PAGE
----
In Part 1 of this blog series, we covered some of the U.S.’s hottest office and industrial markets for 2016. In Part 2, we’ll discuss how to cut your occupancy costs as the office and industrial markets heat up.
Commercial property taxes represent a significant business cost, comprising more than 40 percent of occupancy costs and more than 40 percent of your state corporate tax liability.
In addition to commercial property taxes, other occupancy costs may include electricity, natural gas, water, security, landscaping, parking lot maintenance and other expenses. But typically, none of these other costs take such a large chunk out of your budget. Property taxes, on the other hand, are another story.
And, if your organization is considering an expansion or relocation to – or within – one of the hot U.S. property markets (or elsewhere), you’ll want to make sure you do your homework and spend time evaluating the impact of purchase on your property taxes, which should never be treated as another fixed-cost line item.
Here are four tips to employ after acquisition and that can also be utilized to go back and review your existing portfolio to manage your cost of occupancy:
1) Perform Due Diligence
Because of the increased pressure to reduce costs of occupancy and leverage any available money-saving incentives, corporate real estate executives are doing more due diligence than in the past. Part of the expanded due diligence process should include an historic analysis of how the taxing jurisdiction will respond to the acquisition price:
- Will they adopt the sale price as the new assessment, or will they do a proper market analysis first?
- Will they accept your purchase price allocation and segregate out the non-taxable items in the transaction?
- When do you need to file new applications for abatements or pollution controls?
- Do you know the requirements for annual Inventory Freeport Exemption filings?
California, New York, Texas and Georgia are among the states with hot commercial real estate markets, as they offer some form of Freeport Exemption. See a full run-down of state-by-state Freeport Exemption rules here.
Additionally, confirm whether your local taxing jurisdiction has any potential acquisitions improperly classified on their tax rolls. Misclassification could result in a building being taxed unfairly. For example, one taxing authority in Texas classified (and taxed) a commercial asset as a large R&D facility, when in reality, the asset was predominately office space with a small R&D lab. The property taxes levied on Texas office space are notably less than on R&D facilities, and if this error had not been caught during the due diligence process, the company could have been on the line for far more than its fair share of commercial property taxes.
2) Ensure Proper Purchase Price Allocation (PPA)
Getting a purchase price allocation (PPA) done by a professional during due diligence is crucial. The PPA sets the opening balances for your accounting and is the basis for a beginning balance sheet so you can track the depreciation of your assets.
A PPA will also determine an allocated value for all of the components of the acquired assets – including the value of the real estate, land, site improvements and personal property, as well as the value of the acquired inventory and (non-taxable) intangible assets.
Ensure that your PPA and all associated documentation are correct so that your occupancy costs for your real estate and personal property assets are based on accurate information.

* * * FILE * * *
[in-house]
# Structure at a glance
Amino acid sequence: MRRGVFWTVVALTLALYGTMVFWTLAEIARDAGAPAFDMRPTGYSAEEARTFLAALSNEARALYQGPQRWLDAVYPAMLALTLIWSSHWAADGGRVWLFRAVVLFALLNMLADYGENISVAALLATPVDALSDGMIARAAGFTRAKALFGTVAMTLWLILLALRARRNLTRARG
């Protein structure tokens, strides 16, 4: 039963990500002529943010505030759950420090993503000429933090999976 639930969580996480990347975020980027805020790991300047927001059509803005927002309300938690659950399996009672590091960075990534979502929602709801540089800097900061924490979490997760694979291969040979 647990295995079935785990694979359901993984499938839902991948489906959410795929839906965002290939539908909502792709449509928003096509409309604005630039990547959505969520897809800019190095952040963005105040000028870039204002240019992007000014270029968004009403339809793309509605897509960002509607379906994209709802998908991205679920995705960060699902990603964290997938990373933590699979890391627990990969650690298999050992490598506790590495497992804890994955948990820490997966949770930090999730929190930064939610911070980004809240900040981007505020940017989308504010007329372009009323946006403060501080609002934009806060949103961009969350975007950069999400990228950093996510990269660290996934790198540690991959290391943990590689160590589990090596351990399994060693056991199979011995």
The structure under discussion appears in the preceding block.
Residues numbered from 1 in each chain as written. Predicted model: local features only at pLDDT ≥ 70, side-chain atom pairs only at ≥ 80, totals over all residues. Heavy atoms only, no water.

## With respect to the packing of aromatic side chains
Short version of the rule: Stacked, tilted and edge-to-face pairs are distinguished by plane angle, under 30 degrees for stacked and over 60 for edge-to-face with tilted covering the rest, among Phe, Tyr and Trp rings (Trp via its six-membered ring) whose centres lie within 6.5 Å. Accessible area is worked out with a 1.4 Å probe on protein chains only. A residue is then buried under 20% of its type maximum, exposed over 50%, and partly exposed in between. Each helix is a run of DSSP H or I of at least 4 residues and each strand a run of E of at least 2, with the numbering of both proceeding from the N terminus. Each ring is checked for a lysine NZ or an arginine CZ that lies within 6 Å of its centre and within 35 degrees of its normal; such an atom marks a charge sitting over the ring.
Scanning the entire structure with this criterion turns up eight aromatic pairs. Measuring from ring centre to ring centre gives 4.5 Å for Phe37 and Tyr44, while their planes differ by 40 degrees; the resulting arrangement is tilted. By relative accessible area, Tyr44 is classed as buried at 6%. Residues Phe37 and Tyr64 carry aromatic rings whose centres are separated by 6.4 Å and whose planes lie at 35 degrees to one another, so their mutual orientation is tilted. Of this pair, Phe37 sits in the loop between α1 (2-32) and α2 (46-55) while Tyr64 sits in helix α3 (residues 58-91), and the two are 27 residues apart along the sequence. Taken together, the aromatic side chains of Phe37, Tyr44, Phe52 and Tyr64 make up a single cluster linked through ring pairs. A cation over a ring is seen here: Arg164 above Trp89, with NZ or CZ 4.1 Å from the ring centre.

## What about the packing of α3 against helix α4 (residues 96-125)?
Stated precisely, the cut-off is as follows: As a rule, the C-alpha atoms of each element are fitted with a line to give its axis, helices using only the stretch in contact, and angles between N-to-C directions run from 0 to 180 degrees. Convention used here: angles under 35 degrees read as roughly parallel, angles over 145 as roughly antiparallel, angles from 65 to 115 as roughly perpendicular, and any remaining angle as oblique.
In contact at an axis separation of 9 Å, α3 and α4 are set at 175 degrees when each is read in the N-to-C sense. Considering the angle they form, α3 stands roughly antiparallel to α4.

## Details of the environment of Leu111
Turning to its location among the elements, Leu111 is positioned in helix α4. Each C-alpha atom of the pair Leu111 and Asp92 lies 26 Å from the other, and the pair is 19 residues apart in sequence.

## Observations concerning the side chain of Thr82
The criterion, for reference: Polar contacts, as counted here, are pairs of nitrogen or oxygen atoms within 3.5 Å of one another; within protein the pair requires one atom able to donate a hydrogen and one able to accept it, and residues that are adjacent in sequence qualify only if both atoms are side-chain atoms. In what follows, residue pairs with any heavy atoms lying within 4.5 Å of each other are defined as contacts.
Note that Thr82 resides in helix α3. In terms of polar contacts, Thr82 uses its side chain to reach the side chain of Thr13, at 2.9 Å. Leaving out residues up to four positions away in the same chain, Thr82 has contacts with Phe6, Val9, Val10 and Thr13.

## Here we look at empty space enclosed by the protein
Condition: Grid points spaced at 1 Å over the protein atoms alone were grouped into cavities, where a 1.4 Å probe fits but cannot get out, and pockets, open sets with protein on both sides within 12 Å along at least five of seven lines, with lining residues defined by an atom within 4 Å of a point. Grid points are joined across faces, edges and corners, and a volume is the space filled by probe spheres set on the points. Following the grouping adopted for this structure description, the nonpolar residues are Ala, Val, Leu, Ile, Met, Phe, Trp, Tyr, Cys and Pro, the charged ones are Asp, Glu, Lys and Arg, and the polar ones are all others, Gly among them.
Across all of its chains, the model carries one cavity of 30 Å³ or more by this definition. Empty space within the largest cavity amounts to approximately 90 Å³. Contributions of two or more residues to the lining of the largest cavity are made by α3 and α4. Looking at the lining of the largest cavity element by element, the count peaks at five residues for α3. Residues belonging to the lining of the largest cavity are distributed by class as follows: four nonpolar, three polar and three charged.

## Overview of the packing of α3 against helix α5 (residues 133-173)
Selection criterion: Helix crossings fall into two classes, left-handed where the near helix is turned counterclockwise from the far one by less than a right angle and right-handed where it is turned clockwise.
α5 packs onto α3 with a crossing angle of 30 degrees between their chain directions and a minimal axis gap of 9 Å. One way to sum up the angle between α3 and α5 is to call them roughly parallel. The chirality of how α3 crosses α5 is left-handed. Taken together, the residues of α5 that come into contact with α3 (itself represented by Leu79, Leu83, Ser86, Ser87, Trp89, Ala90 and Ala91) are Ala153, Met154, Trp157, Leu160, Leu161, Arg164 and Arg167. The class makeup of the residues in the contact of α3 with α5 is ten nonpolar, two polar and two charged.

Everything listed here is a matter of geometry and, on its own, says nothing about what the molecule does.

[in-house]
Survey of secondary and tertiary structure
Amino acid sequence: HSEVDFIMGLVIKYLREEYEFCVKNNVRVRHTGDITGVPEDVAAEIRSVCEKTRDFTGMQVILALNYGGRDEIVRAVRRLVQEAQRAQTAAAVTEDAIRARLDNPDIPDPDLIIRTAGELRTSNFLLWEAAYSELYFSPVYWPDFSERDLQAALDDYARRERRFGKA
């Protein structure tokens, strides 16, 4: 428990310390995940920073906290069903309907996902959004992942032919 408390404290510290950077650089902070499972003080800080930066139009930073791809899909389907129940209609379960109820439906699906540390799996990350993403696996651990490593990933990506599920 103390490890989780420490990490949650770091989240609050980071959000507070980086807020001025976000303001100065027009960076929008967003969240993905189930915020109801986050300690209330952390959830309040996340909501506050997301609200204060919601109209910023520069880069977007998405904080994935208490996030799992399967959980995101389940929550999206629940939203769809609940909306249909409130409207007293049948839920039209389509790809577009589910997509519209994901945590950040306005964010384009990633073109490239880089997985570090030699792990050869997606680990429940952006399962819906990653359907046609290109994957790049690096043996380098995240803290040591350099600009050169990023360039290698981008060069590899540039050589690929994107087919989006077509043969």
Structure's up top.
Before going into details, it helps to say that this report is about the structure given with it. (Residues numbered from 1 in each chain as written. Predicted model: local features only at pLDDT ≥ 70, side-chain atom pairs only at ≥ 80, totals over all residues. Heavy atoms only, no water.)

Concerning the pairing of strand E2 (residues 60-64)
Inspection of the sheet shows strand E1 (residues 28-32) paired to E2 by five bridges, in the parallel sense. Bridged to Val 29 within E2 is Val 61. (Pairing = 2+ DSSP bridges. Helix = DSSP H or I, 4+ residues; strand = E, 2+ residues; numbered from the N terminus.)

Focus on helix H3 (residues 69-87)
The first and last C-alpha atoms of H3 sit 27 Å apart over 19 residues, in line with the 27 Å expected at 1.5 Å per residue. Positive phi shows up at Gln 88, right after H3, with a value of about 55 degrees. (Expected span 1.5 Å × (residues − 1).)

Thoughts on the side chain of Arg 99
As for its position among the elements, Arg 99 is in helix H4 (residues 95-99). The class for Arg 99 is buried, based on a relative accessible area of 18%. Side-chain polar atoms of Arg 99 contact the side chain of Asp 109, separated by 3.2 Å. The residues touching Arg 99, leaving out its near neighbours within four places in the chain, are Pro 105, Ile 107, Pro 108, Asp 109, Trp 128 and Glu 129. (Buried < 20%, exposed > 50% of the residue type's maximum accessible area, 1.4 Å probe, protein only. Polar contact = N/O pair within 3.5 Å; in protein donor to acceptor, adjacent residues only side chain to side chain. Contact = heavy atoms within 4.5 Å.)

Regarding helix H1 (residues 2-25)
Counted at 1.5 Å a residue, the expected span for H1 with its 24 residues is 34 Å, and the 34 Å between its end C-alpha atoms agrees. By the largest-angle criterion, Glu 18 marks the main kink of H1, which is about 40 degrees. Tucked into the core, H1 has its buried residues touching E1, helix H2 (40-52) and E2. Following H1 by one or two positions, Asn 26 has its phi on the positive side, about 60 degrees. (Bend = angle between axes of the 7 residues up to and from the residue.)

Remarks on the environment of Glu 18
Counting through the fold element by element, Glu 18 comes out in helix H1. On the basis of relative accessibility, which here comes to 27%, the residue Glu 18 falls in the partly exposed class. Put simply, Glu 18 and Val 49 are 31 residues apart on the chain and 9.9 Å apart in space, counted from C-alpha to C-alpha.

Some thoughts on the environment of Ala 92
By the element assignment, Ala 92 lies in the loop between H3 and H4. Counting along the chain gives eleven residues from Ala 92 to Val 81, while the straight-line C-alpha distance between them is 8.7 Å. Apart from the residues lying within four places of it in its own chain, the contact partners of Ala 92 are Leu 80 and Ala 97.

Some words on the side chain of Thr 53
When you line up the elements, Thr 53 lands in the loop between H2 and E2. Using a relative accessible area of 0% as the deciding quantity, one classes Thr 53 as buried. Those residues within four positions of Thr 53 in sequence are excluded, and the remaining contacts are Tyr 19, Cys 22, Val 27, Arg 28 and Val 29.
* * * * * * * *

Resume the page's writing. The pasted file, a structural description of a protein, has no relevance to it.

3) Report Transactions Properly
Far too often, a corporate attorney or someone not intimately familiar with jurisdictional requirements will improperly document and over-value taxable components.
Let’s say you pay $5 million for a hotel. As part of the PPA, it’s determined that $3 million should be allocated for real estate, $1 million for personal property (furnishings and appliances that are part of the sale) and $1 million for intangibles. If your state doesn’t tax personal property and your commercial property tax value is recorded as $5 million instead of $3 million, you would overpay your taxes.
4) Think Ahead: Exit Strategies
Whether you’re buying commercial property during a growth period or acquiring your competition with the intent to eventually sell, it’s important to understand what you will have to sell.
For instance, say that your firm employs just as many remote workers as it does people that physically work in your office building. Parking was never an issue for you, but when you decide to sell, a similar sized firm that’s otherwise a great fit may balk because the building’s parking lot is too small for a company that doesn’t allow remote work.
While a small parking lot might not be an issue for you, it could pose a significant roadblock for potential new buyers. This example highlights the benefit of thinking about an exit strategy. If you know you're going to eventually sell, make sure you look for and eliminate any obstacles that could get in your way.
Ready To Expand?
You have an array of resources at your disposal to conduct due diligence, ensure proper PPA and more. So, before you make a move into a new commercial real estate market, take the time to do your research.
To streamline your effort and alleviate many of the complexities and challenges that may drain your resources along the way, consider working with a property tax advisor who can help pave the way. This is often the best option to ensure that you’re equipped with the necessary information and poised to take advantage of any potential tax savings available to you.
Learn more about how to alleviate the risk and cost associated with commercial real estate expansion in 4 Tips For Managing Corporate Real Estate Occupancy Costs.